“After they were moved to another prison, they were kept in dismal, inhumane conditions for a long period of time. One of the men who tried to escape was tied in the ‘helicopter’ position – with both hands and feet tied behind his back – for 55 days, under the 50-degree sun…” 

By the end of this ordeal, the man’s skin had peeled off and turned blue, only for him to be forced to live with one hand and one arm tied behind his back for a total of eight months. 

The fact of matter is that the deportation “placed Malta on the map”, and Chyrum is of the opinion that it was crucial to giving Malta a more conscientious backbone to their subsequent dealings in the sphere of migration. 

“The thing is, I don’t think the Maltese authorities even tried to find out what kind of government they were dealing with, at the time,” Chyrum says, concluding that the unfortunate episode stands as “a big lesson for both Malta and the international scene”. Indeed, the 2002 case is routinely brought up in any EU-wide discussion of human rights abuses, as a cautionary tale against mass deportation to volatile nations like Eritrea. 

However, while the disastrous aftermath of that episode can never quite be erased, Chyrum also tells of those who survived.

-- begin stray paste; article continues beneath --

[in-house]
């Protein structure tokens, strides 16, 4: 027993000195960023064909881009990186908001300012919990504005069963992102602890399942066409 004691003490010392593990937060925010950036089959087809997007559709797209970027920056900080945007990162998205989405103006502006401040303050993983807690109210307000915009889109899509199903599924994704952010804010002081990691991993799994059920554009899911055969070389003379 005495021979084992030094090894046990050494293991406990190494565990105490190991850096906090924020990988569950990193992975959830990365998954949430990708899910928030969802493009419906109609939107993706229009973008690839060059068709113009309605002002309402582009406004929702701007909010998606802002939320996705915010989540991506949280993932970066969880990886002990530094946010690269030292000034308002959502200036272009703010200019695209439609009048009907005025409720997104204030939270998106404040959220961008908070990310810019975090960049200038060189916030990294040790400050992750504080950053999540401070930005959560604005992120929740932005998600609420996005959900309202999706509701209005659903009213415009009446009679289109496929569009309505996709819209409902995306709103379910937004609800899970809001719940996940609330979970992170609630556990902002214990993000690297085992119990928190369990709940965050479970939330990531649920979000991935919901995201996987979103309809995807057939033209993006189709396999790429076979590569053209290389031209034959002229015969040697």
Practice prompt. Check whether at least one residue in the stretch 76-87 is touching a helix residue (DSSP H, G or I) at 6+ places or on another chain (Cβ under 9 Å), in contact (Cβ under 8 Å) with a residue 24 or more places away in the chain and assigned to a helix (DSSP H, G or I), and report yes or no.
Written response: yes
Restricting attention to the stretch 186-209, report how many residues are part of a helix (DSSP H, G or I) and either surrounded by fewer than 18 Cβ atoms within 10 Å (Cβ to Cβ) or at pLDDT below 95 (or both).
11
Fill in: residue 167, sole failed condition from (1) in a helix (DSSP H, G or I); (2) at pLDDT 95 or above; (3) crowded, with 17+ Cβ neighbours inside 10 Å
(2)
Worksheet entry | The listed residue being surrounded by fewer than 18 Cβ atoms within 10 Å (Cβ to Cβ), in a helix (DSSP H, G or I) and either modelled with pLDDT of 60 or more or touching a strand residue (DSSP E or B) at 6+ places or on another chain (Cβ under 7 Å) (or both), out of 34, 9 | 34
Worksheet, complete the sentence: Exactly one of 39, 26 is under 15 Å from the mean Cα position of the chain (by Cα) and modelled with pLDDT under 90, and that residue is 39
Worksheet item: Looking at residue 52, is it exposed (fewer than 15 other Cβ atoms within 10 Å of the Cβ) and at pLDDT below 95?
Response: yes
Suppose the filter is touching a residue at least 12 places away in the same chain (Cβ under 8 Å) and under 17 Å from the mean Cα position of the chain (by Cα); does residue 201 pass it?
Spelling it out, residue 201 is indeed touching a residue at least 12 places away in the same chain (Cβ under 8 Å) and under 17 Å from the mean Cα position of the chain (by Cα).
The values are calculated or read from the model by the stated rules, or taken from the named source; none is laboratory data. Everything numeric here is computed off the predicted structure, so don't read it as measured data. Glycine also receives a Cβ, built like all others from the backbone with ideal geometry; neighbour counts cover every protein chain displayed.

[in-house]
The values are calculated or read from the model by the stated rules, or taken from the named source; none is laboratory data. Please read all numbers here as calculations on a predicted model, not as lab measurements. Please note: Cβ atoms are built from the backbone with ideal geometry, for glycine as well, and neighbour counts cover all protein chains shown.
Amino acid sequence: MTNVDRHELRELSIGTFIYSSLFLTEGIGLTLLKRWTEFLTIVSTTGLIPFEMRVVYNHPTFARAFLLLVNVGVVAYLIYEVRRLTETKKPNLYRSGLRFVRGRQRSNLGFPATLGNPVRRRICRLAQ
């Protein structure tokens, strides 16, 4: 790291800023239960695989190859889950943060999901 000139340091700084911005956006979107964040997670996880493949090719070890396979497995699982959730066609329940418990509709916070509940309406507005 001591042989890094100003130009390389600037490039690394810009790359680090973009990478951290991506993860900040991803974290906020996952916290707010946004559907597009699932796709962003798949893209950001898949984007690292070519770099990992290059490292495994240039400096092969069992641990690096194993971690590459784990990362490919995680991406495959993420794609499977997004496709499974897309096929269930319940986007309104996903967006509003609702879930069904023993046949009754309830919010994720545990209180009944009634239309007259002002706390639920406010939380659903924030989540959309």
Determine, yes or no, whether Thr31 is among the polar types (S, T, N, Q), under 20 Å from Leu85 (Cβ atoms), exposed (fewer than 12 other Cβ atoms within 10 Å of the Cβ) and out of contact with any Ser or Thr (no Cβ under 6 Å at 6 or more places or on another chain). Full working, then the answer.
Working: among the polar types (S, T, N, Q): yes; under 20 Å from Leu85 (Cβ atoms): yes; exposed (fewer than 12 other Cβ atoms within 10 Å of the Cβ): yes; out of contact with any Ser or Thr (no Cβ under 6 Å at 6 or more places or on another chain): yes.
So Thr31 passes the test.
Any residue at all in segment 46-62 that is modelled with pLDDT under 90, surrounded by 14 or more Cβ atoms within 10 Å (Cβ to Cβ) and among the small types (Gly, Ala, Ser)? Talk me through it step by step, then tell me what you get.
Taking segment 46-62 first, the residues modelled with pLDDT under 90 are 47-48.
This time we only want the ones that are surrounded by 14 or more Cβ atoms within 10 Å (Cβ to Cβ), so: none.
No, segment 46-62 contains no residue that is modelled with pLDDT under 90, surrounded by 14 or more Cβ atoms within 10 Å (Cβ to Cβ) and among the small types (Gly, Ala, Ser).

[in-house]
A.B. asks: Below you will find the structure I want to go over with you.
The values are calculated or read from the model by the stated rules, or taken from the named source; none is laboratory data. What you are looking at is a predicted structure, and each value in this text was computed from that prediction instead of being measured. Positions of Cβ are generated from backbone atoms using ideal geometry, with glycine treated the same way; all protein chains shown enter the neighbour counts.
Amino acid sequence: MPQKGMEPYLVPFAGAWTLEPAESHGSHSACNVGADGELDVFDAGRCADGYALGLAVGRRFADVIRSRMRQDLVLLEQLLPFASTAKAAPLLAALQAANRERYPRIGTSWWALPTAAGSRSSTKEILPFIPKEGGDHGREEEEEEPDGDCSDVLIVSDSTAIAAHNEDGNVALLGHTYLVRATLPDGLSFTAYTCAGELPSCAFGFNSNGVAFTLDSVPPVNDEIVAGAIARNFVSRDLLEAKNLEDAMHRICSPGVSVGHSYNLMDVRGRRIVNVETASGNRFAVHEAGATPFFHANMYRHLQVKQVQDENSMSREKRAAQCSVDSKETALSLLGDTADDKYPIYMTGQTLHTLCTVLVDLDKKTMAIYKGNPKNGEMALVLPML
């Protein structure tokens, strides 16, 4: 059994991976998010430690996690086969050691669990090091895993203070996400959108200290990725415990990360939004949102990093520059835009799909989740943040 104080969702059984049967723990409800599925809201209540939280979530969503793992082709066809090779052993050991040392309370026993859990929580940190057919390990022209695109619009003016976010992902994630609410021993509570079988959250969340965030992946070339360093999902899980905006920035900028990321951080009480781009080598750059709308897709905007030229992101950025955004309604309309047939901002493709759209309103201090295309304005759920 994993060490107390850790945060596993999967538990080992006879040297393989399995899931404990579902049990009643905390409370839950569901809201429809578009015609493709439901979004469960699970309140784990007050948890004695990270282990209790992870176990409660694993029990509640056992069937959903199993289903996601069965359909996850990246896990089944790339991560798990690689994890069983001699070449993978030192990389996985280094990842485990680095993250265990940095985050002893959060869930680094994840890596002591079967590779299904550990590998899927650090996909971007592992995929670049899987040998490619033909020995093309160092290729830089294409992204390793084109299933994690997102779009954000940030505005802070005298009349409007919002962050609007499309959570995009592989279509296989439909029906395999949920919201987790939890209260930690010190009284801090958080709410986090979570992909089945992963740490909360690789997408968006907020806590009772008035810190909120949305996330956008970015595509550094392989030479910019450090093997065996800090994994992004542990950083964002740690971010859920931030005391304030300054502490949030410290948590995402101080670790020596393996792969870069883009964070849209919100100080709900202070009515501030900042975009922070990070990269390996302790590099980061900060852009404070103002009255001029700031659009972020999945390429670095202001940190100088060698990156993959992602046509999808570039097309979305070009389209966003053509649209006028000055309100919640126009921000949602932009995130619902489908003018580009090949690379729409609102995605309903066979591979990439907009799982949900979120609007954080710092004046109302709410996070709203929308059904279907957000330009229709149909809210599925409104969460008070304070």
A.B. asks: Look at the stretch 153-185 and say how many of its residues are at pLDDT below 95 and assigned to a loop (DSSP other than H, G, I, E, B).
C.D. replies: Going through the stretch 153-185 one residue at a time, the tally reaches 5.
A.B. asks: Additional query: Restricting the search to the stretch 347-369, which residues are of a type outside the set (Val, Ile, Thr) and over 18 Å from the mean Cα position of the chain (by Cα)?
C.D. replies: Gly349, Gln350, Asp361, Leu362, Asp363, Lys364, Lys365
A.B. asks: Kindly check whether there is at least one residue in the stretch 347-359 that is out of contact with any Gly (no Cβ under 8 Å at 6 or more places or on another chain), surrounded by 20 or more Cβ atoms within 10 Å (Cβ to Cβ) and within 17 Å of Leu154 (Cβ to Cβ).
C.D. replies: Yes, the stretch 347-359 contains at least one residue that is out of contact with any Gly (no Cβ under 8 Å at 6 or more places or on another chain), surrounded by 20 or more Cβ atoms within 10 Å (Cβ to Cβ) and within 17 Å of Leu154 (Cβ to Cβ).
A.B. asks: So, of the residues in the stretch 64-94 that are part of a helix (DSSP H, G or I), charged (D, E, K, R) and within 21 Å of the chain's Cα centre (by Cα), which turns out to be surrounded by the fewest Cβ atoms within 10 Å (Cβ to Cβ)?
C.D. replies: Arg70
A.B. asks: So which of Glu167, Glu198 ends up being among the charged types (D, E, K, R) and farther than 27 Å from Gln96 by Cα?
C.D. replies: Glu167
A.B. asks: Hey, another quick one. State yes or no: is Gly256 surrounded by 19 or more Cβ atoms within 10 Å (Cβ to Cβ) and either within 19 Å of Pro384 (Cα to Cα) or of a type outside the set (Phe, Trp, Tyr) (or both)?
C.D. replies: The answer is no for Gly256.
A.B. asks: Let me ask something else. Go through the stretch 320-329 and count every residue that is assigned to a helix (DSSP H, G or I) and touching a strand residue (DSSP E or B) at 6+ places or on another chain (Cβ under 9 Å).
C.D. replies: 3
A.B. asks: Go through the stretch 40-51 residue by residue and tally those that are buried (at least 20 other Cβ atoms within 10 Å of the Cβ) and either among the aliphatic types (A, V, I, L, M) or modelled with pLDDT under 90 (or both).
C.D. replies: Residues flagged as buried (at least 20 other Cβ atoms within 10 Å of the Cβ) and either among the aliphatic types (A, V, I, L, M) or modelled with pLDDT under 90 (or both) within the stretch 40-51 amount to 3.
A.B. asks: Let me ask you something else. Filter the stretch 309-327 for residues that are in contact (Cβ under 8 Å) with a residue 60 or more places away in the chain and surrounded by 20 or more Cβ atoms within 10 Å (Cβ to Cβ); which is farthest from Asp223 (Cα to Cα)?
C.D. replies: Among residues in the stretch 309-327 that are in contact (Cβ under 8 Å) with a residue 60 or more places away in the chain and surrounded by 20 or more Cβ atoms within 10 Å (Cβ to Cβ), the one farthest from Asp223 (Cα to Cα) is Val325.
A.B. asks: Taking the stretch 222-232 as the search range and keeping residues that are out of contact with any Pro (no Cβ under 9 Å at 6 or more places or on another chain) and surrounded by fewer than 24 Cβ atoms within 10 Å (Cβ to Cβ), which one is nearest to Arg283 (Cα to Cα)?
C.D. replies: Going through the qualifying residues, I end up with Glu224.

“Out of all that misery, some good has emerged. I’ve met quite a few refugees from various African countries now – some are working, and some are studying… and the man that I just spoke about? He’s studying law in Canada…”

She’s also cautious not too sound too admonishing a note towards Malta’s government on that fateful day of deportation. 

“Malta had never seen that large an amount of migrants arriving to its shores, so it’s understandable that people were concerned, and that the government was reacting to this concern. We also need to remember that, of course, Malta wasn’t yet a member of the European Union at the time, so it could not follow the EU standards,” Chyrum says, adding that while “there’s still a lot of room for improvement,” 13 years after that fateful deportation, “the people and the government are at least helping the Eritrean refugees”.

In the hopes of getting to the core of the issue, I ask Chyrum to possibly single out some of the main reasons that lead Eritrean people to flee from their country. The regime is unsurprisingly the root of the problem, but Chyrum elaborates just on how insidious – and not just brutal – the workings of the regime are, and how the combination of inhumanity and economic inequality leads to an intolerable situation.